It was Narcissus who looked into the pool and saw a more beautiful version of himself. Gilles Simon, who lost 6-3 6-3 to Andy Murray in the Cincinnati quarter-finals today, must experience something similar every time he sees the Scot across the net.
The French 10th seed, for whom this defeat was the seventh in a row against Murray, plays a similarly hypnotic and complex game. Just not as well. For 75 minutes, the two players conjured up tennis in which no angle was left unexploited, no sleight of hand unexplored and no short forehand punished.
As sorcerer and apprentice gently teed up their shots, you sensed murmurs of appreciation from Bernard Tomic. Somewhere up in the stands, Miloslav Mecir and Fabrice Santoro were probably salivating into their popcorn.
As Murray and the Frenchman attempted to impart eight different types of spin to the ball at once, it seemed that whenever either player put down their wand and picked up a lump hammer, they reaped the rewards.Read more (139 words)
However, some behaviours are far too ingrained, and the Scot and the 12th-ranked Frenchman twisted, grimaced and ground their way through a first set of mesmerising groundshots like two tortured Renaissance philosophers. This was as close as tennis gets to quidditch.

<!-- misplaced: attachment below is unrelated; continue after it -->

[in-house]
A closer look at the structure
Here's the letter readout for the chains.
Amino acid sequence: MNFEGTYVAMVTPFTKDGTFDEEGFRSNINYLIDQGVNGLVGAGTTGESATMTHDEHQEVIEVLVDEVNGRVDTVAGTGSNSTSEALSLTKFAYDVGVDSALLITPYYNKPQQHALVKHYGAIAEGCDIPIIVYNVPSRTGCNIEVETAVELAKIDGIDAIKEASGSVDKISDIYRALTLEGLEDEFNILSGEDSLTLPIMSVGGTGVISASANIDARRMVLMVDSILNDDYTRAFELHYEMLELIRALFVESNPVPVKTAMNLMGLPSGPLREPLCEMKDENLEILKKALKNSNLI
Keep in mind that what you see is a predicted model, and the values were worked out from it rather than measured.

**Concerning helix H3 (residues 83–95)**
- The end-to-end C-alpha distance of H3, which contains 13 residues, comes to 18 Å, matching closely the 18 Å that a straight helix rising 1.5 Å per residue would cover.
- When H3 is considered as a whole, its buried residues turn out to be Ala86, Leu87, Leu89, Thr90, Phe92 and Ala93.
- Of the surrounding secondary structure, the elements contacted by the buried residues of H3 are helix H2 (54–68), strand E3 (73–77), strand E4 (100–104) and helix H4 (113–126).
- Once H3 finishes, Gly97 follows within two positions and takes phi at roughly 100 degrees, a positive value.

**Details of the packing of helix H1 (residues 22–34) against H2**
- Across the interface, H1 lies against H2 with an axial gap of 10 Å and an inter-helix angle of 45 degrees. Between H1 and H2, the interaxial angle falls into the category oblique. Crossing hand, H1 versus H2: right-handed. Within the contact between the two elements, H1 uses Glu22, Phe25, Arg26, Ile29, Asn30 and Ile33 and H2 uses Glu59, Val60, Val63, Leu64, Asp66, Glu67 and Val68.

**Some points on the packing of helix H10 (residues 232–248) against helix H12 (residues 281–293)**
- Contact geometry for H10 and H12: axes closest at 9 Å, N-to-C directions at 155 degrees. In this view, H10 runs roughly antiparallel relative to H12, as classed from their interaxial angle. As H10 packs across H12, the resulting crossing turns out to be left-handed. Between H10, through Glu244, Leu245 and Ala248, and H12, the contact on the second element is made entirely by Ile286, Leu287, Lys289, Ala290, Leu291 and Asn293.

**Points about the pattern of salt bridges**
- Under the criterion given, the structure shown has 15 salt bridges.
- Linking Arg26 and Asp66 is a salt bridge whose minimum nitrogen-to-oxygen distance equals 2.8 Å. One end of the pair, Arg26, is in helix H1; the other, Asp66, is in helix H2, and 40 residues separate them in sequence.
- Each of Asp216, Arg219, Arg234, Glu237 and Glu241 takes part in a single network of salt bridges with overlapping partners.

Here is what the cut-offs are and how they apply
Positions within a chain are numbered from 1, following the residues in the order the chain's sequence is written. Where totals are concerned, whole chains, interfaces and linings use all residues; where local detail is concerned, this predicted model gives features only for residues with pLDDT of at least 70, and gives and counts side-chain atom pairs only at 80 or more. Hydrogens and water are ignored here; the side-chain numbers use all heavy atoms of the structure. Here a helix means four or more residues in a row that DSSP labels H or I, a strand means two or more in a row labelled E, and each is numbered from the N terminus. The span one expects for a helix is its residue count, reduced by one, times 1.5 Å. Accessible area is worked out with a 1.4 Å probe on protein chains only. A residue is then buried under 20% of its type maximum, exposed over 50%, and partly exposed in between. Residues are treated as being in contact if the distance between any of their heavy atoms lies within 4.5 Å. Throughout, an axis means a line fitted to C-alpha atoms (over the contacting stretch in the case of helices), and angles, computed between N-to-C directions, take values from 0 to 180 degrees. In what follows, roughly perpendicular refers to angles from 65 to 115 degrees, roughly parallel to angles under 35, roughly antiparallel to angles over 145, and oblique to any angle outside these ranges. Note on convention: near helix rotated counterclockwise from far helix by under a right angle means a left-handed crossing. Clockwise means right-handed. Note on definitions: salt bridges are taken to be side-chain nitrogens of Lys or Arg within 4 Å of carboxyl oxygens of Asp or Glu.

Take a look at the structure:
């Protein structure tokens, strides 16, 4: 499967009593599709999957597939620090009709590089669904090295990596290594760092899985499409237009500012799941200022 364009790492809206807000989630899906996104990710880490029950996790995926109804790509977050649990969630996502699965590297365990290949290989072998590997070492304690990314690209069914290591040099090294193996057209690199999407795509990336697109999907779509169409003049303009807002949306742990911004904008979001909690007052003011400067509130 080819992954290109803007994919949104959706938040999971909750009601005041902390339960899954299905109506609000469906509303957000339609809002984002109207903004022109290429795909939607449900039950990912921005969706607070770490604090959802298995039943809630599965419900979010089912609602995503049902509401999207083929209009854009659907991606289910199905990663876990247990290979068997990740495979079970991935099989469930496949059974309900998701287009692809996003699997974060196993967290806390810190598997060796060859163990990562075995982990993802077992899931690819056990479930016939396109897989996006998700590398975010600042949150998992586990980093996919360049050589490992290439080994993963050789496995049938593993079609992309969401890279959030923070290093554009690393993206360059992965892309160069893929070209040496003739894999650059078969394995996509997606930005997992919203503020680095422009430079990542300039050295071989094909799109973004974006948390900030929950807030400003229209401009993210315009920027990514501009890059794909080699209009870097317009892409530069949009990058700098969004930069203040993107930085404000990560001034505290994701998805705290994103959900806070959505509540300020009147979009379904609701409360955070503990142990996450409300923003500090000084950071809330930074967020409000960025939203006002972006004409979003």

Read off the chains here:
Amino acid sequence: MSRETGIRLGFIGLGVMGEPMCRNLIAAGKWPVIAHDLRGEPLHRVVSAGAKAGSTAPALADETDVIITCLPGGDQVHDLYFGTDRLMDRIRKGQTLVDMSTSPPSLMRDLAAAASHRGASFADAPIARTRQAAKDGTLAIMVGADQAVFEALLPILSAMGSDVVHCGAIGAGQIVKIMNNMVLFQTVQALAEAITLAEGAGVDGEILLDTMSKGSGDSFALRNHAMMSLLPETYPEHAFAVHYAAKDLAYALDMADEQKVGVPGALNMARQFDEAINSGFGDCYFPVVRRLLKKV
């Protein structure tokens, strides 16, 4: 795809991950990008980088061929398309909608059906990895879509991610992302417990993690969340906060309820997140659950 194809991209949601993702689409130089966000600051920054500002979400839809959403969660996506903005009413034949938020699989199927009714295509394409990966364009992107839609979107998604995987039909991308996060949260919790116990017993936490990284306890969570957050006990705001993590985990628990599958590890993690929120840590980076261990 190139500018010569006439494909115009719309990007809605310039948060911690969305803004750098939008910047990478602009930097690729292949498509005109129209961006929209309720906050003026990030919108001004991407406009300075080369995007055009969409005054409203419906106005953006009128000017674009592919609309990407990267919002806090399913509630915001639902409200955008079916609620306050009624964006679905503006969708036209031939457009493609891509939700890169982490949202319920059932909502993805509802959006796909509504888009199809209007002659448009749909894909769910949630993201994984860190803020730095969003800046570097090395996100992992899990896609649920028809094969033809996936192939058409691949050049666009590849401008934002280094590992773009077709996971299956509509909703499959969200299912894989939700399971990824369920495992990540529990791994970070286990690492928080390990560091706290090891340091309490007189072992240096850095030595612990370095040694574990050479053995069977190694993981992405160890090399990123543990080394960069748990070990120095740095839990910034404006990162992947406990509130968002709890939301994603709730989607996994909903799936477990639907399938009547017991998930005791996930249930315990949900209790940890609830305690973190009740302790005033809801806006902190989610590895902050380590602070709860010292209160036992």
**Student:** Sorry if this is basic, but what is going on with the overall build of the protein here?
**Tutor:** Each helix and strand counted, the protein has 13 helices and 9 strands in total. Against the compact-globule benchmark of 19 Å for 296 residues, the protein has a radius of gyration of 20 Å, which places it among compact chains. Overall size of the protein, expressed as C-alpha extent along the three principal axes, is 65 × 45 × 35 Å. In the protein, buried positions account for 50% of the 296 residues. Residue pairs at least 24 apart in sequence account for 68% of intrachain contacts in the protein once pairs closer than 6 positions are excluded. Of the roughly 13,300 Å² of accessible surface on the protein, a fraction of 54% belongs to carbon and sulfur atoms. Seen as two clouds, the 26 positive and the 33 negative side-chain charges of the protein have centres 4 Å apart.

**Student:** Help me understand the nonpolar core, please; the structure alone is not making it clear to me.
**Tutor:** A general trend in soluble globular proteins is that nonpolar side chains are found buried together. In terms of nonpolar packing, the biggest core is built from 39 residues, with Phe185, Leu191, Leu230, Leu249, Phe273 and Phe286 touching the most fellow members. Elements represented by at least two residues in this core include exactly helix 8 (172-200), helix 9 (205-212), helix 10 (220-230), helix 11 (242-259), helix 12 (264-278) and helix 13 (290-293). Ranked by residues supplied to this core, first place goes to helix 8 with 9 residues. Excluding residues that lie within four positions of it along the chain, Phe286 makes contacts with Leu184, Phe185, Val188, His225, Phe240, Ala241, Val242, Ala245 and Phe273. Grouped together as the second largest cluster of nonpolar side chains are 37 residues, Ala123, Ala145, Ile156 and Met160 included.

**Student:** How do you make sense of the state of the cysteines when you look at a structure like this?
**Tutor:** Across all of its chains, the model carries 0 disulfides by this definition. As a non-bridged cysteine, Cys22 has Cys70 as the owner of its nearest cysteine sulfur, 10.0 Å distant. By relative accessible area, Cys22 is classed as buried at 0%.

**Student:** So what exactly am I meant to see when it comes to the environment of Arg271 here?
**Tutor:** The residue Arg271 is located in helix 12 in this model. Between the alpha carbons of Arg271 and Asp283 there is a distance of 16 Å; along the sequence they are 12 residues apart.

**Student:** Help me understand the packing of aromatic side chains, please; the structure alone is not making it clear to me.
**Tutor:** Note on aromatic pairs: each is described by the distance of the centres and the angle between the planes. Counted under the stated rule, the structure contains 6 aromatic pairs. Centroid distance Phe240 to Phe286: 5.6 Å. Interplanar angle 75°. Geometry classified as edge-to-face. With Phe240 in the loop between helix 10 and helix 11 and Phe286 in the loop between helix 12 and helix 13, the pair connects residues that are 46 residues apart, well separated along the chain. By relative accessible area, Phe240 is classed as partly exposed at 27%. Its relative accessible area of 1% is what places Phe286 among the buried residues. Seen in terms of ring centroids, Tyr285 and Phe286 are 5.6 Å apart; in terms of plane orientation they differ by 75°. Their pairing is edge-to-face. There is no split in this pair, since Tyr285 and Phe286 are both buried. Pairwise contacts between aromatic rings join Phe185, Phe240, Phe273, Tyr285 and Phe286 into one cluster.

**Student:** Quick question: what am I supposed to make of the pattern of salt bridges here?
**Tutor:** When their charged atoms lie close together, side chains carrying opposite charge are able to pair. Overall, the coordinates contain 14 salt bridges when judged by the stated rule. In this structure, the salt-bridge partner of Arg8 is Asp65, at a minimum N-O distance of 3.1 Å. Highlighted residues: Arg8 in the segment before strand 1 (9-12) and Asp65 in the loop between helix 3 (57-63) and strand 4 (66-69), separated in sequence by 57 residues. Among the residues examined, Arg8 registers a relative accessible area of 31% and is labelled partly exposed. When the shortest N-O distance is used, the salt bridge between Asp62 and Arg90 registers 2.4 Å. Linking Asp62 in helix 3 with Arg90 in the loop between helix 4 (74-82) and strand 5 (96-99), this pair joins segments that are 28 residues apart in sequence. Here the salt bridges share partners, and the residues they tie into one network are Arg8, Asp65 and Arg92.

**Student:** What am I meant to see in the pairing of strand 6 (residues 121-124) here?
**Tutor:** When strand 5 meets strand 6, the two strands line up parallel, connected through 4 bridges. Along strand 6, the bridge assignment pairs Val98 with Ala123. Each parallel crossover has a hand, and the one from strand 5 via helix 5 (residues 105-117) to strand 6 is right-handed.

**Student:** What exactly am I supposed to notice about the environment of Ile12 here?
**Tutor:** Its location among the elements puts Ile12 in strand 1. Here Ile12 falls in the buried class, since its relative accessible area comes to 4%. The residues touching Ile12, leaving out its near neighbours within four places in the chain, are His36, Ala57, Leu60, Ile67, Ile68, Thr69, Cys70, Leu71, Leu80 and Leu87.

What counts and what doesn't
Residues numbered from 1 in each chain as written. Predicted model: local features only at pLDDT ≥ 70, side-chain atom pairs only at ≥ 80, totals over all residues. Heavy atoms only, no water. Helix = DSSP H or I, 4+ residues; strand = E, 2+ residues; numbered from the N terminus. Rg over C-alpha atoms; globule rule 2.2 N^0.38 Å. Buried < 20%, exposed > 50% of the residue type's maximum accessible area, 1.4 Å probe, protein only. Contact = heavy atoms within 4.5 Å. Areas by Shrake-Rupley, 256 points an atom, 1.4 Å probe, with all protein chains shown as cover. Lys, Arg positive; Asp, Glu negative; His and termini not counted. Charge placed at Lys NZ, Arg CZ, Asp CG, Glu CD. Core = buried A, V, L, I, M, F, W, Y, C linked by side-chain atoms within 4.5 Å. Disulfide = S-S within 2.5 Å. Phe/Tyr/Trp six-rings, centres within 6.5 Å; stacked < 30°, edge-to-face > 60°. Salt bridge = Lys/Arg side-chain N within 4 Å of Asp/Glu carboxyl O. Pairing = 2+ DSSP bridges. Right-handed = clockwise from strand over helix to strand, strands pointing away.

Ultimately, the first set was decided by the quality of Murray's first serve, which met with a welcome success rate of over 70%.
In the second set, the Scot's groundshots became bigger, his dropshots sweeter and his touch play ever more surgical, as the Frenchman's challenge petered out in a welter of Gallic shrugs and miscued dropshots.
This was a useful workout for the world number four, who will nevertheless have to find his A game for the semi-finals, where he'll face either Rafael Nadal or Mardy Fish, both of whom hold a winning record against the Scot.